Sue in Mt P Apr 30, 2012 02:51 PM

              Maryld, Country Captain IS southern curry. I know it might sound weird, but Charleston is a port city and back in the day, when the ships came in with the spices, it was kind of natural to make something with chicken and rice, lol.

              1. re: Sue in Mt P
                m
                Maryld May 1, 2012 01:18 PM

                That's what I always thought. The ships came in with spices from India, Indonesia, and other exotic places, and along the way someone sampled the food, really liked it, and
                made a version at home. I also maintain the jambalaya is nothing more than a Creole version of paella.

              2. re: Maryld
                TroyTempest Apr 30, 2012 03:22 PM

                i saw Bobby Flay do a country captain throwdown. I'm pretty sure it was somewhere in SC. You might find this in a rerun sometime. Anyway, that was the first i have ever heard of it, but it looked pretty durn tasty.

                1. re: TroyTempest
                  Sue in Mt P Apr 30, 2012 03:33 PM

                  I'd like to see him do a throwdown on this one!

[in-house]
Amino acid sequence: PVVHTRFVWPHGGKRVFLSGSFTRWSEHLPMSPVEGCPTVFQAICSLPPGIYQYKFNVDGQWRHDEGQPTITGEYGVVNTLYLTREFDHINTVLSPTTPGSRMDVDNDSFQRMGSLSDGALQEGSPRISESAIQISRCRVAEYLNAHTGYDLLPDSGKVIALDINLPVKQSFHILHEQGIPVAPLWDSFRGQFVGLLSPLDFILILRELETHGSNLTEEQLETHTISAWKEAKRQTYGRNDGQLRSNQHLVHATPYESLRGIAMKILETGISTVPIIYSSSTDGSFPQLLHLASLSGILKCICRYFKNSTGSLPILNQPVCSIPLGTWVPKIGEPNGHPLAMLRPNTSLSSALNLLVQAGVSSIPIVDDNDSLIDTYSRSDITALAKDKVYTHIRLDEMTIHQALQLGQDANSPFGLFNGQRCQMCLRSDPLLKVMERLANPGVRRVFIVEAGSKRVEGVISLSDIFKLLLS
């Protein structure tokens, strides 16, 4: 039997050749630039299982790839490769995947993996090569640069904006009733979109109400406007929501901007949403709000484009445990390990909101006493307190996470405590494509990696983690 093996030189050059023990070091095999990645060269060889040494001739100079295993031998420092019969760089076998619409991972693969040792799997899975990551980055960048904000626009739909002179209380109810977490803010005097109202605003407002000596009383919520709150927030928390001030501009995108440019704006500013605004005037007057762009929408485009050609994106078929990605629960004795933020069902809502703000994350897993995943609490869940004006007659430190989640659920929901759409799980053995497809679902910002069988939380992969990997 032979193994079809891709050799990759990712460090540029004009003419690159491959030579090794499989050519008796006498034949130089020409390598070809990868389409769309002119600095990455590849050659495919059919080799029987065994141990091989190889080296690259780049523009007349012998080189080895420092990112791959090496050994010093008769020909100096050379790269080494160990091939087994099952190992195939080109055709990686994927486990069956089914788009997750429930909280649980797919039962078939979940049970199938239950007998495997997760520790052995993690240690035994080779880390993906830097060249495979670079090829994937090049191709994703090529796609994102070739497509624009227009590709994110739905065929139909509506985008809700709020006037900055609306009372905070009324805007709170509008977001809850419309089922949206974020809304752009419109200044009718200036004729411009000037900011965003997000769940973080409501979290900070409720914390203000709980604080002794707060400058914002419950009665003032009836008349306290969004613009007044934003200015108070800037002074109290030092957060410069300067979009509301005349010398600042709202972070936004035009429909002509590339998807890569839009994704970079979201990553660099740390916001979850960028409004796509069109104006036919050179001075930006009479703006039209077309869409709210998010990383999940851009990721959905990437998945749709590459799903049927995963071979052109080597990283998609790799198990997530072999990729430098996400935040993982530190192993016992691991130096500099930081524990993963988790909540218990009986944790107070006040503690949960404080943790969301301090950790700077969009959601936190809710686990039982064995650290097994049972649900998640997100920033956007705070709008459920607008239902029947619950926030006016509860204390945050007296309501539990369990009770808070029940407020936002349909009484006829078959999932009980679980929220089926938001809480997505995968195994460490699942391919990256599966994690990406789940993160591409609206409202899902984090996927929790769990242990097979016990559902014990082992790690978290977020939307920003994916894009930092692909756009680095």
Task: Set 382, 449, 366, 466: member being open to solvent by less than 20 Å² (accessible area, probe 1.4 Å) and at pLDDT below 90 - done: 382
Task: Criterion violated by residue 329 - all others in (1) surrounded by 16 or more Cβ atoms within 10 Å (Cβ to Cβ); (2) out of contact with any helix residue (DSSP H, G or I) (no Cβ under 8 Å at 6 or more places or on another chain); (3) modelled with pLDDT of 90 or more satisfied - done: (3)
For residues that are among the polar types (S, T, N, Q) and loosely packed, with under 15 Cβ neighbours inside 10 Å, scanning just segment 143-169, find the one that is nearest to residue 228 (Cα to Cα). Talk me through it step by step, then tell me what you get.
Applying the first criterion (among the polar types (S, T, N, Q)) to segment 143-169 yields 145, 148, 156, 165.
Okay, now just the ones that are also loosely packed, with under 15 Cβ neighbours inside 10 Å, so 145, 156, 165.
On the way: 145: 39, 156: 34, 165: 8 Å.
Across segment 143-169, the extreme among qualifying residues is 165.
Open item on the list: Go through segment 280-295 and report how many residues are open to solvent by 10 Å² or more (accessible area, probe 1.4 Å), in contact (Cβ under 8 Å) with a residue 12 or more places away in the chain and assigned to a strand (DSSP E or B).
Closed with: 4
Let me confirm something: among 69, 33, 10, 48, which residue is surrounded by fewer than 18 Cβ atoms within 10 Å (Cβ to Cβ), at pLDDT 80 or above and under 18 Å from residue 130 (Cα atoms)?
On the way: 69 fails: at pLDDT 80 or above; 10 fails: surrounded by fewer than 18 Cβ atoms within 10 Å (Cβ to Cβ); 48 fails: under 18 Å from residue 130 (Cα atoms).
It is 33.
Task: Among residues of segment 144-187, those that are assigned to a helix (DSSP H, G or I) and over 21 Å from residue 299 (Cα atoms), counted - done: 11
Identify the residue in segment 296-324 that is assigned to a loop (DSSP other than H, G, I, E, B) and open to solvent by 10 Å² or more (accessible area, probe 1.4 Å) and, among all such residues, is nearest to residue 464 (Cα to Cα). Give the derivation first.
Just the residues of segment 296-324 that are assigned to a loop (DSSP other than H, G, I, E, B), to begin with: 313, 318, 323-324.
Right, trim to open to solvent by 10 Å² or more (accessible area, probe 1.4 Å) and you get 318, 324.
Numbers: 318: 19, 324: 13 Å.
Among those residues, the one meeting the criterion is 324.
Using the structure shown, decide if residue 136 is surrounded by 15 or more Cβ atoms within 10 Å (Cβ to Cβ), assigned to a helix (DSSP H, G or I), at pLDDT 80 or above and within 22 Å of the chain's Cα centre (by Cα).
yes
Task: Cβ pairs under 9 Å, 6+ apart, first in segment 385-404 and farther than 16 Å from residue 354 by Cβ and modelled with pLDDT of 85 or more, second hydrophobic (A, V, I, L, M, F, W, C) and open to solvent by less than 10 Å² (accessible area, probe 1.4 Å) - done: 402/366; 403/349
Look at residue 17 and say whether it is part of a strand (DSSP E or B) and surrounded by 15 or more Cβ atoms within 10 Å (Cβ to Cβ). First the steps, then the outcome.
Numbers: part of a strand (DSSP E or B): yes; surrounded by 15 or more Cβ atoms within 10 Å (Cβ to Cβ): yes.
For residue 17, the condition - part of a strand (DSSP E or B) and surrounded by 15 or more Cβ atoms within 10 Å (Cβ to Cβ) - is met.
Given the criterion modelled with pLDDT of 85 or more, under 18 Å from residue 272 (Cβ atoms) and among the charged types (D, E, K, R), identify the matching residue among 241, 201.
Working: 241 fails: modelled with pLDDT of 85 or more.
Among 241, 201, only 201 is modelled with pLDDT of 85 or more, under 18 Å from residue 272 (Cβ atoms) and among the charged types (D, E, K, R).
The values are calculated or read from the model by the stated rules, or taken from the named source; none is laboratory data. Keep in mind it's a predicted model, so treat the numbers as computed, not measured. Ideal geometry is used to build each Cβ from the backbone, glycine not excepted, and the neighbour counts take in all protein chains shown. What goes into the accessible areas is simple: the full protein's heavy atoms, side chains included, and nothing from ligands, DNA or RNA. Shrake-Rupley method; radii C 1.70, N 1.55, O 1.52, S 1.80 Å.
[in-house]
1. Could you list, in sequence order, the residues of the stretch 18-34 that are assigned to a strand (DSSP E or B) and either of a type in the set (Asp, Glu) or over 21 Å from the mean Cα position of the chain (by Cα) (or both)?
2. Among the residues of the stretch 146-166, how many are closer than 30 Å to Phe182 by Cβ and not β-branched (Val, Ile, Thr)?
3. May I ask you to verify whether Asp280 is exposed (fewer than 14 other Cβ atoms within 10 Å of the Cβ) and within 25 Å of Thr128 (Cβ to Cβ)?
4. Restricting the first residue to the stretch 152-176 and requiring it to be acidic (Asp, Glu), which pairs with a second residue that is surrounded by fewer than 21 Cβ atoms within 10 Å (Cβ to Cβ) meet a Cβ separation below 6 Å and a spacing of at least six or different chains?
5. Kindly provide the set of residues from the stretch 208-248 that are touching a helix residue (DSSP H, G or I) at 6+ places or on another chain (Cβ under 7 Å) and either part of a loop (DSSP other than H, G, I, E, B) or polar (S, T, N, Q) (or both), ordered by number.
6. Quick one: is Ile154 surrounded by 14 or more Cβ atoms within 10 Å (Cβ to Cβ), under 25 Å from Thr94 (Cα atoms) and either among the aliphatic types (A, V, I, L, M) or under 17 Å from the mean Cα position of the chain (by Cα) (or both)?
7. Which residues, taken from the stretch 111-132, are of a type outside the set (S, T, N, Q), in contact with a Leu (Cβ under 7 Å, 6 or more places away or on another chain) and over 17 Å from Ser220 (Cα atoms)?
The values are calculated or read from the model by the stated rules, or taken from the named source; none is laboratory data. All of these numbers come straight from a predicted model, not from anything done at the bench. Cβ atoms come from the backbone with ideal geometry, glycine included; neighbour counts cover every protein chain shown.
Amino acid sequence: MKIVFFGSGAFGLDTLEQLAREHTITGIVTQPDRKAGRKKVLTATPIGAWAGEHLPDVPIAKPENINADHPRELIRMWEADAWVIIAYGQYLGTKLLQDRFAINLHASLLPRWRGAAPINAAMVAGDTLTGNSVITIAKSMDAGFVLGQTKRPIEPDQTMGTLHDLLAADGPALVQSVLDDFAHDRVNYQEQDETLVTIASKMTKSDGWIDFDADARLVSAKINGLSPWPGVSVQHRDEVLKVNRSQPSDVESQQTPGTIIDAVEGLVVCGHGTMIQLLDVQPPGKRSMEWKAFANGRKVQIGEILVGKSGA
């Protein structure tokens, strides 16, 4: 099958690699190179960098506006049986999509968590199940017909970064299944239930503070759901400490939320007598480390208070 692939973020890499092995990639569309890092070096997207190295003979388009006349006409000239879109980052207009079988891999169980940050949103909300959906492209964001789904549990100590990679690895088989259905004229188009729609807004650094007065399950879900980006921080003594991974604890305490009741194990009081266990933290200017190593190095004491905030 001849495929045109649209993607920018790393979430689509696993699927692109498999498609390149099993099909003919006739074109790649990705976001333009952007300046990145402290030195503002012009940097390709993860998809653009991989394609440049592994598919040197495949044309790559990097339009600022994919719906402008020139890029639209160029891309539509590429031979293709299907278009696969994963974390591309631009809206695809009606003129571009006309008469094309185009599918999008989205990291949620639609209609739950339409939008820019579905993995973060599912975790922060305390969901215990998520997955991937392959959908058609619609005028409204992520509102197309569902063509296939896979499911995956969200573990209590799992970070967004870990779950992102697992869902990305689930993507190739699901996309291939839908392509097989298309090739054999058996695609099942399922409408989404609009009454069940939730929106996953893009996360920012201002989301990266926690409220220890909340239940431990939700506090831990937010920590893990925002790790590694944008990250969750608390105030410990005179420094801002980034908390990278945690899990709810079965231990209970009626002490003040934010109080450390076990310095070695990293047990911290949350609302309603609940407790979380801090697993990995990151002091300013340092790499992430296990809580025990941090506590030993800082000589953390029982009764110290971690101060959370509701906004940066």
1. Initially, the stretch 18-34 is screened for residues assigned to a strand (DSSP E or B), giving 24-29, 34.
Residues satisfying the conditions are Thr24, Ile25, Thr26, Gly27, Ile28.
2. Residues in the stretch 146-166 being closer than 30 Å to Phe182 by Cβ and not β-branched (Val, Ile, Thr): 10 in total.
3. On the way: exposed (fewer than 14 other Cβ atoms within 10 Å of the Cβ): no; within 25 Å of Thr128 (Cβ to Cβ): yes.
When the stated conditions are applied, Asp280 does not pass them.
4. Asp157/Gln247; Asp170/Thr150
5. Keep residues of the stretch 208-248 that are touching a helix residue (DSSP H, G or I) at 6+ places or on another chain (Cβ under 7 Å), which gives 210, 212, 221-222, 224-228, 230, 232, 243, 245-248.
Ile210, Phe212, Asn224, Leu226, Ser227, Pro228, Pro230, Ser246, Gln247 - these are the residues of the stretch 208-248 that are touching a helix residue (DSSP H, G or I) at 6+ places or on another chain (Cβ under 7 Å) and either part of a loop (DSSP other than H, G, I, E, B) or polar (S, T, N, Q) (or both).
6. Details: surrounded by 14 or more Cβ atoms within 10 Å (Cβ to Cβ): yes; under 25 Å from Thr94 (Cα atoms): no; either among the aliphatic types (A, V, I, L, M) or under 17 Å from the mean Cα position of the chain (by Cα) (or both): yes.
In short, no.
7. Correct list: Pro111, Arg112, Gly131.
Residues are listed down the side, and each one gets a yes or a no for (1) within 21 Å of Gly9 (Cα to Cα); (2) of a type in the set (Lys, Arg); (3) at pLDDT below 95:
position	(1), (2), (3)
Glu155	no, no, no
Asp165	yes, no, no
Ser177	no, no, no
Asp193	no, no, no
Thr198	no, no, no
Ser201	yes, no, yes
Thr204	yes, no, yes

http://www.postandcourier.com/article...

                  A very interesting old dish.

                2. re: Maryld
                  Crockett67 Apr 30, 2012 03:36 PM

                  Ah! Okay! :)

                  1. re: Maryld
                    Sue in Mt P Apr 30, 2012 04:08 PM

                    I have to say, I am born and Raised in NC, have several old Outer Banks cookbooks, and have no knowledge of Ocracoke fish. Does anybody know what it is?

                3. r
                  robt5265 Apr 29, 2012 08:57 PM

                  I prepare sauce Remoulade all the time.

                  5 Replies
                  1. re: robt5265
                    LaLa Apr 30, 2012 08:46 AM

                    i do remoulade a lot too. And Chicken Country Captian is a mainstay where I am.

                    1. re: robt5265